• Orange Pi Zero: I use a couple of them as Print3r/Prynt3r printhub: I connect multiple USB-based printers, and used Print3r/Prynt3r network-based remote printing capabilities

Embedded Single Board Computer (eSBC)

  • Milk-V Duo (EUR 5.00-9.50) Ethernet over USB, Linux, Python


  • ESP8266 (EUR 2.50-3.00), Wifi, Lua, MicroPython
  • ESP32 (EUR 3.50-5.00), Wifi, RTOS, Lua, MicroPython
  • Wemos S2-Mini / ESP32-S2 (EUR 3.00), Wifi, RTOS, MicroPython

MSLA Anycubic Photon Mono X2


  • 2023/07/25: published
  • 2023/06/13: adding my print settings to increase reliability
  • 2023/03/31: first prints performed
  • 2023/03/29: adding Formlabs 3/3L and Prusa SL1S as comparison
  • 2023/03/23: starting write-up


After my first steps with Anycubic Photon Mono 4K, an entry-level MSLA I also got a slightly larger Anycubic Photon Mono X2:

  • build volume: 196 x 122 x 200 mm (WxDxH)
  • resolution: XY 48μm, Z 50μm
  • 9.1″ display with 4K+ resolution (4096×2560) display
  • monochromatic LCD (hence “Mono”), faster printer due shorter exposure
  • affordable with EUR 300-350 (2023/03)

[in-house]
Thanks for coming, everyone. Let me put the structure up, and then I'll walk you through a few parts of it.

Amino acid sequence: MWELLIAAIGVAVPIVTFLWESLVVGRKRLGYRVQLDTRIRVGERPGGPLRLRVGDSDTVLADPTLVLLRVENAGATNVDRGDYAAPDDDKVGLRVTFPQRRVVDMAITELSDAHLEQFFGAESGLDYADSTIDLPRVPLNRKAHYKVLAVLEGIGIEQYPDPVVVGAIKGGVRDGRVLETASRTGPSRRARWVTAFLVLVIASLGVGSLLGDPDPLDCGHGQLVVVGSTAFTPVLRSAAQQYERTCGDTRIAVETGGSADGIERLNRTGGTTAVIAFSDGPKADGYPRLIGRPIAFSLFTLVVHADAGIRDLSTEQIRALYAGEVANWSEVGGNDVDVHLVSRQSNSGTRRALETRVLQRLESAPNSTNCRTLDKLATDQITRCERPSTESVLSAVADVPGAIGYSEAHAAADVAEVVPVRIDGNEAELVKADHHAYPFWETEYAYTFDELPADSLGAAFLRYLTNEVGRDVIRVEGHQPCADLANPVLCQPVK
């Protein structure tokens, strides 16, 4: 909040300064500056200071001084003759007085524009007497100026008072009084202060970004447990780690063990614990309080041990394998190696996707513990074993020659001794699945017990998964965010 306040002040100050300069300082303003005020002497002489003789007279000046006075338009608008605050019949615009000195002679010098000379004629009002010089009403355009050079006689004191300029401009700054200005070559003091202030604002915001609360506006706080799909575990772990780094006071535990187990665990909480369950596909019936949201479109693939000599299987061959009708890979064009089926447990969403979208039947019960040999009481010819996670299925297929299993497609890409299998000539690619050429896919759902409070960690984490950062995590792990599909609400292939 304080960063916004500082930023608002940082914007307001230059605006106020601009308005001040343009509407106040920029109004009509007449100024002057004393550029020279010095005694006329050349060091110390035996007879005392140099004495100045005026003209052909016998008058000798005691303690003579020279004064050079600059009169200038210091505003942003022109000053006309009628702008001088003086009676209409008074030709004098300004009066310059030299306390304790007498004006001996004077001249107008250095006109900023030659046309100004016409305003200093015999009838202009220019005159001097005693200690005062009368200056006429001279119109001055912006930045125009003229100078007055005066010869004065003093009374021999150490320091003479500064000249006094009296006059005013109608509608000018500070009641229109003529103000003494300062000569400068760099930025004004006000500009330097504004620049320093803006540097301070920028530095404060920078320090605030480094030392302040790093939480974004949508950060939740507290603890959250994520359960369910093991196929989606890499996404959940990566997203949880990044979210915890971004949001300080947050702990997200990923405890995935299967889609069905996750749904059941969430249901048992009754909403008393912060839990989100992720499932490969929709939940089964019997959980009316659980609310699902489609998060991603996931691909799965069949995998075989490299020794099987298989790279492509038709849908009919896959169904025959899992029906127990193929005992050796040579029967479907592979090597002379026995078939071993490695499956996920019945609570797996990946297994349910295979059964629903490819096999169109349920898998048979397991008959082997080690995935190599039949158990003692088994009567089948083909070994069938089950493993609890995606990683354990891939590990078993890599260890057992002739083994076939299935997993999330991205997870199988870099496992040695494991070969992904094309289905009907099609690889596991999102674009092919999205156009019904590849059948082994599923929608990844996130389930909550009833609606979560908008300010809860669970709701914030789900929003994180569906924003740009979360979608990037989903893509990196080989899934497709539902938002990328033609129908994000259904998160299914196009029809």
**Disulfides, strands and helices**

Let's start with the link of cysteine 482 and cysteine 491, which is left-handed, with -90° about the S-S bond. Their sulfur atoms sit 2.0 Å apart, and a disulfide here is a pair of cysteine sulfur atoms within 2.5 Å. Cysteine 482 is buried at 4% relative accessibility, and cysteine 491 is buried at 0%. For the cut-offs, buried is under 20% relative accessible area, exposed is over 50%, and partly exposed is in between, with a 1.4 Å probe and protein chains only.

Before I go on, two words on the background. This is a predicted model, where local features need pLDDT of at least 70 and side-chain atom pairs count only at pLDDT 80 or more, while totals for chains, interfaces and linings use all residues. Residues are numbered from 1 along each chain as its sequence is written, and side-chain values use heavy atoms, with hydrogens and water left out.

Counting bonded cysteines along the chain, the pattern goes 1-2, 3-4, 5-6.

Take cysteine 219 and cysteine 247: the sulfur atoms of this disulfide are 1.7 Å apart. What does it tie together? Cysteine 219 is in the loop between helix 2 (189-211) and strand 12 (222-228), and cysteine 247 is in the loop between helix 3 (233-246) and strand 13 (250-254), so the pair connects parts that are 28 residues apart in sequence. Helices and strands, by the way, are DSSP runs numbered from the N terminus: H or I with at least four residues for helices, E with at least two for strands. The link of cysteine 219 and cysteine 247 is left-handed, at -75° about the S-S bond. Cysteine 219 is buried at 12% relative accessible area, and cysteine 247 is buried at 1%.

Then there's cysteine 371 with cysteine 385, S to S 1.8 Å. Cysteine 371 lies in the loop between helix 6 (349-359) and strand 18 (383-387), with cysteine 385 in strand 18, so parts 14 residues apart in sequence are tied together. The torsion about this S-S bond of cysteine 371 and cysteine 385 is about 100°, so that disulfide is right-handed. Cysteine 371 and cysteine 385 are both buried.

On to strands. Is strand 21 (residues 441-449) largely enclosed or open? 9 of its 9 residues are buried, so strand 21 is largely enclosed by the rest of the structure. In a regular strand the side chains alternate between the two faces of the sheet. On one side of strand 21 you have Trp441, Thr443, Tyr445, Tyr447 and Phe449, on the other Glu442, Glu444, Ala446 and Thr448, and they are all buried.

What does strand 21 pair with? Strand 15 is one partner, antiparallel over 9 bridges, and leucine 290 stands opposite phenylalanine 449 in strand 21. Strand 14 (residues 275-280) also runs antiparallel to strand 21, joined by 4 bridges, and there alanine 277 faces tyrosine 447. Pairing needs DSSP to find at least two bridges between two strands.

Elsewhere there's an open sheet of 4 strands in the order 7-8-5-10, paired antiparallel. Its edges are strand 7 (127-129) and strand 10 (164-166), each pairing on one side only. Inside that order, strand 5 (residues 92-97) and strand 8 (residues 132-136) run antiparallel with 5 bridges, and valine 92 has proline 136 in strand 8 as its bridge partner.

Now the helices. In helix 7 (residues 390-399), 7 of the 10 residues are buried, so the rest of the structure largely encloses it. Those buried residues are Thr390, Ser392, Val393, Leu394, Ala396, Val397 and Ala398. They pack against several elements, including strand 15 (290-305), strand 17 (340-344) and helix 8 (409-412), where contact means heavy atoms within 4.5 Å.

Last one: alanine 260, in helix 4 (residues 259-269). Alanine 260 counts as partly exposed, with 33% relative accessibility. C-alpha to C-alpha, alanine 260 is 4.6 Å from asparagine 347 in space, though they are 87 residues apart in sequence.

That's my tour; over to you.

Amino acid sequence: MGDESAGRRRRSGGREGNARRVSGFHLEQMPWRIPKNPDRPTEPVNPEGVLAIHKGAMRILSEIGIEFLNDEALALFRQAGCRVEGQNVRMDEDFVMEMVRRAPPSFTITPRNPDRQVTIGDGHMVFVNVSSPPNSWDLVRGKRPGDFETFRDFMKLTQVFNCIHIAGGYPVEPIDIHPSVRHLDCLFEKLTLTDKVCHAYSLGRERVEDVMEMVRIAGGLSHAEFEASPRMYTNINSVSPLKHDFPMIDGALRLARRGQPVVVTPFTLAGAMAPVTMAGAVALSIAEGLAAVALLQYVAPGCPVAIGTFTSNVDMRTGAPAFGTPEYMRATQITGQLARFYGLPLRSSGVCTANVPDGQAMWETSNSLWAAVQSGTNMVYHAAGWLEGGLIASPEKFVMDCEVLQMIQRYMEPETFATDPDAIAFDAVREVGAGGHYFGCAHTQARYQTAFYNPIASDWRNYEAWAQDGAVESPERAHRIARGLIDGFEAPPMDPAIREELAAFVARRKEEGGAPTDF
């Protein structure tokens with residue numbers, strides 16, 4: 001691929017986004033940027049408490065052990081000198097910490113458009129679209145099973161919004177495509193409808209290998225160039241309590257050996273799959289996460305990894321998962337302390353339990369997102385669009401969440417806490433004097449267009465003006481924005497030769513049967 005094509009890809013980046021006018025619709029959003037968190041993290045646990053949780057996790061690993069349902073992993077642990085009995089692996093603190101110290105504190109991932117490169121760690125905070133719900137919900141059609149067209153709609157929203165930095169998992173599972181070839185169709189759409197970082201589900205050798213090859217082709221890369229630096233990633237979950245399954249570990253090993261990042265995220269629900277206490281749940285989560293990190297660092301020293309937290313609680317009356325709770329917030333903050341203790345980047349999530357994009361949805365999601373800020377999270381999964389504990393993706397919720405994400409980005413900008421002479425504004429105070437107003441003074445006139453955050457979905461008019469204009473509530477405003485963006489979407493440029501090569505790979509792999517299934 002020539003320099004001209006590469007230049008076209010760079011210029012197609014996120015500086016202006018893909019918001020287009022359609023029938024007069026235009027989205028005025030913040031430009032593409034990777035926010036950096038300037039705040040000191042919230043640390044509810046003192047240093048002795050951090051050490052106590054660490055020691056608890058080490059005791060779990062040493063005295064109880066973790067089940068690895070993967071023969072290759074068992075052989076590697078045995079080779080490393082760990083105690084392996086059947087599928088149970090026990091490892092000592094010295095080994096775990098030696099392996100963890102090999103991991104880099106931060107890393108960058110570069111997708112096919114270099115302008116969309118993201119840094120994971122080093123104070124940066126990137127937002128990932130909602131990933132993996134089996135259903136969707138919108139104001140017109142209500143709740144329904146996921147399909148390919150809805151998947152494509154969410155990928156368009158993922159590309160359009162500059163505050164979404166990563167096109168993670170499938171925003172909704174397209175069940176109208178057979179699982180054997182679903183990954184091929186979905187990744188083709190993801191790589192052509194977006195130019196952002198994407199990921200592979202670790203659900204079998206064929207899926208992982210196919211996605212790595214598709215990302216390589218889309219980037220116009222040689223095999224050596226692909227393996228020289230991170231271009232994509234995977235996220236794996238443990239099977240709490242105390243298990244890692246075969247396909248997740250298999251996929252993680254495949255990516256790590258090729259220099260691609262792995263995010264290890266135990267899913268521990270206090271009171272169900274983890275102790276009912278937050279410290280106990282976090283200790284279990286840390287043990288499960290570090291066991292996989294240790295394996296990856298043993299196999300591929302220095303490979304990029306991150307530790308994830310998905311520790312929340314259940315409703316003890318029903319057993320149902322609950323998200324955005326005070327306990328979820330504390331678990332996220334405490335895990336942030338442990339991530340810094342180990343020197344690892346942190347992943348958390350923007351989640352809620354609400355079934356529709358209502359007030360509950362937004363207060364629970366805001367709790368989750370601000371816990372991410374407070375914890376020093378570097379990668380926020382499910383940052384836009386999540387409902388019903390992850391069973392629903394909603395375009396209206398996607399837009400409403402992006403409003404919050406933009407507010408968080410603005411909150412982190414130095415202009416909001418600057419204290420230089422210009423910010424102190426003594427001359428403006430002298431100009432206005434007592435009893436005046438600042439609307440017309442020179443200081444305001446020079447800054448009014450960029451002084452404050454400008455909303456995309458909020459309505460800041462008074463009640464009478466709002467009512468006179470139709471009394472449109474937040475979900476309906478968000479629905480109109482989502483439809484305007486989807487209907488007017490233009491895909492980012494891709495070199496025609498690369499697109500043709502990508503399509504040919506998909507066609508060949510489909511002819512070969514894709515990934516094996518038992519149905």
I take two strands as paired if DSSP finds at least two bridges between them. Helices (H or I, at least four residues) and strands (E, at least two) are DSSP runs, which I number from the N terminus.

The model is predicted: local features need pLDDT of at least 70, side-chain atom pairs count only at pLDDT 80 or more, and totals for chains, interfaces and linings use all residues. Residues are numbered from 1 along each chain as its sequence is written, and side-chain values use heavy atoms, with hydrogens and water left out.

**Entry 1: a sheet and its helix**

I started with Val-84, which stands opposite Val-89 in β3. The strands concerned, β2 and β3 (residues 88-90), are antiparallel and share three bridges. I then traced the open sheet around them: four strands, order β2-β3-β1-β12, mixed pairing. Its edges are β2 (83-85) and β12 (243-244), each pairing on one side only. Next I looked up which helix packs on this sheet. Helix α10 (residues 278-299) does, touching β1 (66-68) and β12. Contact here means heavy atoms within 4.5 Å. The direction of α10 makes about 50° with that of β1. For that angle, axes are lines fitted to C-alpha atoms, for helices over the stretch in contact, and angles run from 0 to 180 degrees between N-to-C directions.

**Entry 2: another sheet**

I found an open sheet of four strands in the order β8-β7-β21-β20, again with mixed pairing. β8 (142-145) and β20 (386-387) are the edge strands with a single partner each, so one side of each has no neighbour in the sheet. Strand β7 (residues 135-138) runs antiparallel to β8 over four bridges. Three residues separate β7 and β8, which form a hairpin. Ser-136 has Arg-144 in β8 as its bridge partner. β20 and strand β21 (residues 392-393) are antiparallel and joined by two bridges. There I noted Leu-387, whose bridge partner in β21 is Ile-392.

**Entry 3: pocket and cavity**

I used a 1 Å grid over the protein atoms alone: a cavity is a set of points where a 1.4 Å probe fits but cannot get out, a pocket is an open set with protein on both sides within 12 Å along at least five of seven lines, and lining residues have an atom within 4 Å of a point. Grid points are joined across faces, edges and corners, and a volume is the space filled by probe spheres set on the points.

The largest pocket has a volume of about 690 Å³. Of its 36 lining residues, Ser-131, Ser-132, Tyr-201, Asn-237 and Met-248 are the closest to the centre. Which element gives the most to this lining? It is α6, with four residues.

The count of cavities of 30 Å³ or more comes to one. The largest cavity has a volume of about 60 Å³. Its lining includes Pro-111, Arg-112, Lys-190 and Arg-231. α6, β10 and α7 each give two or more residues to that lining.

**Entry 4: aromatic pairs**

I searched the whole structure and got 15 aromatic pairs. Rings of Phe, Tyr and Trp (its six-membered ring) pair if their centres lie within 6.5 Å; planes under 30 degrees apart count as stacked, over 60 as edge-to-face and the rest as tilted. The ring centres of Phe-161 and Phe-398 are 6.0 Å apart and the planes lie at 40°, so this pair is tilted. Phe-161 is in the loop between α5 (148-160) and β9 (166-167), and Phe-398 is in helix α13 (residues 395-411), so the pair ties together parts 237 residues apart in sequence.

• no network, only USB drive printing

I ordered at directly (EUR 350) 2023/03/24, and got it a week later.

Default Settings

Firmware V0.2.3
My Settings
My Settings
Bottom Layers651 .. 6 2)
Exposure Off [s]1.0
Bottom Exposure [s]
Normal Exposure [s]
Transition Layers41010
Bottom Region
Bottom Layer [0] Rising Height [mm]3.04.0
Bottom Layer [0] Rising Speed [mm/s]1.0
Bottom Layer [0] Retract Speed [mm/s]1.0
Bottom Layer [1] Rising Height [mm]4.04.0 1)
Bottom Layer [1] Rising Speed [mm/s]
Bottom Layer [1] Retract Speed [mm/s]3.0
Normal Region
Normal Layer [0] Rising Height [mm]3.04.0
Normal Layer [0] Rising Speed [mm/s]1.0
Normal Layer [0] Retract Speed [mm/s]1.0
Normal Layer [1] Rising Height [mm]4.04.0 1)
Normal Layer [1] Rising Speed [mm/s]
Normal Layer [1] Retract Speed [mm/s]3.0
UV Light (not available)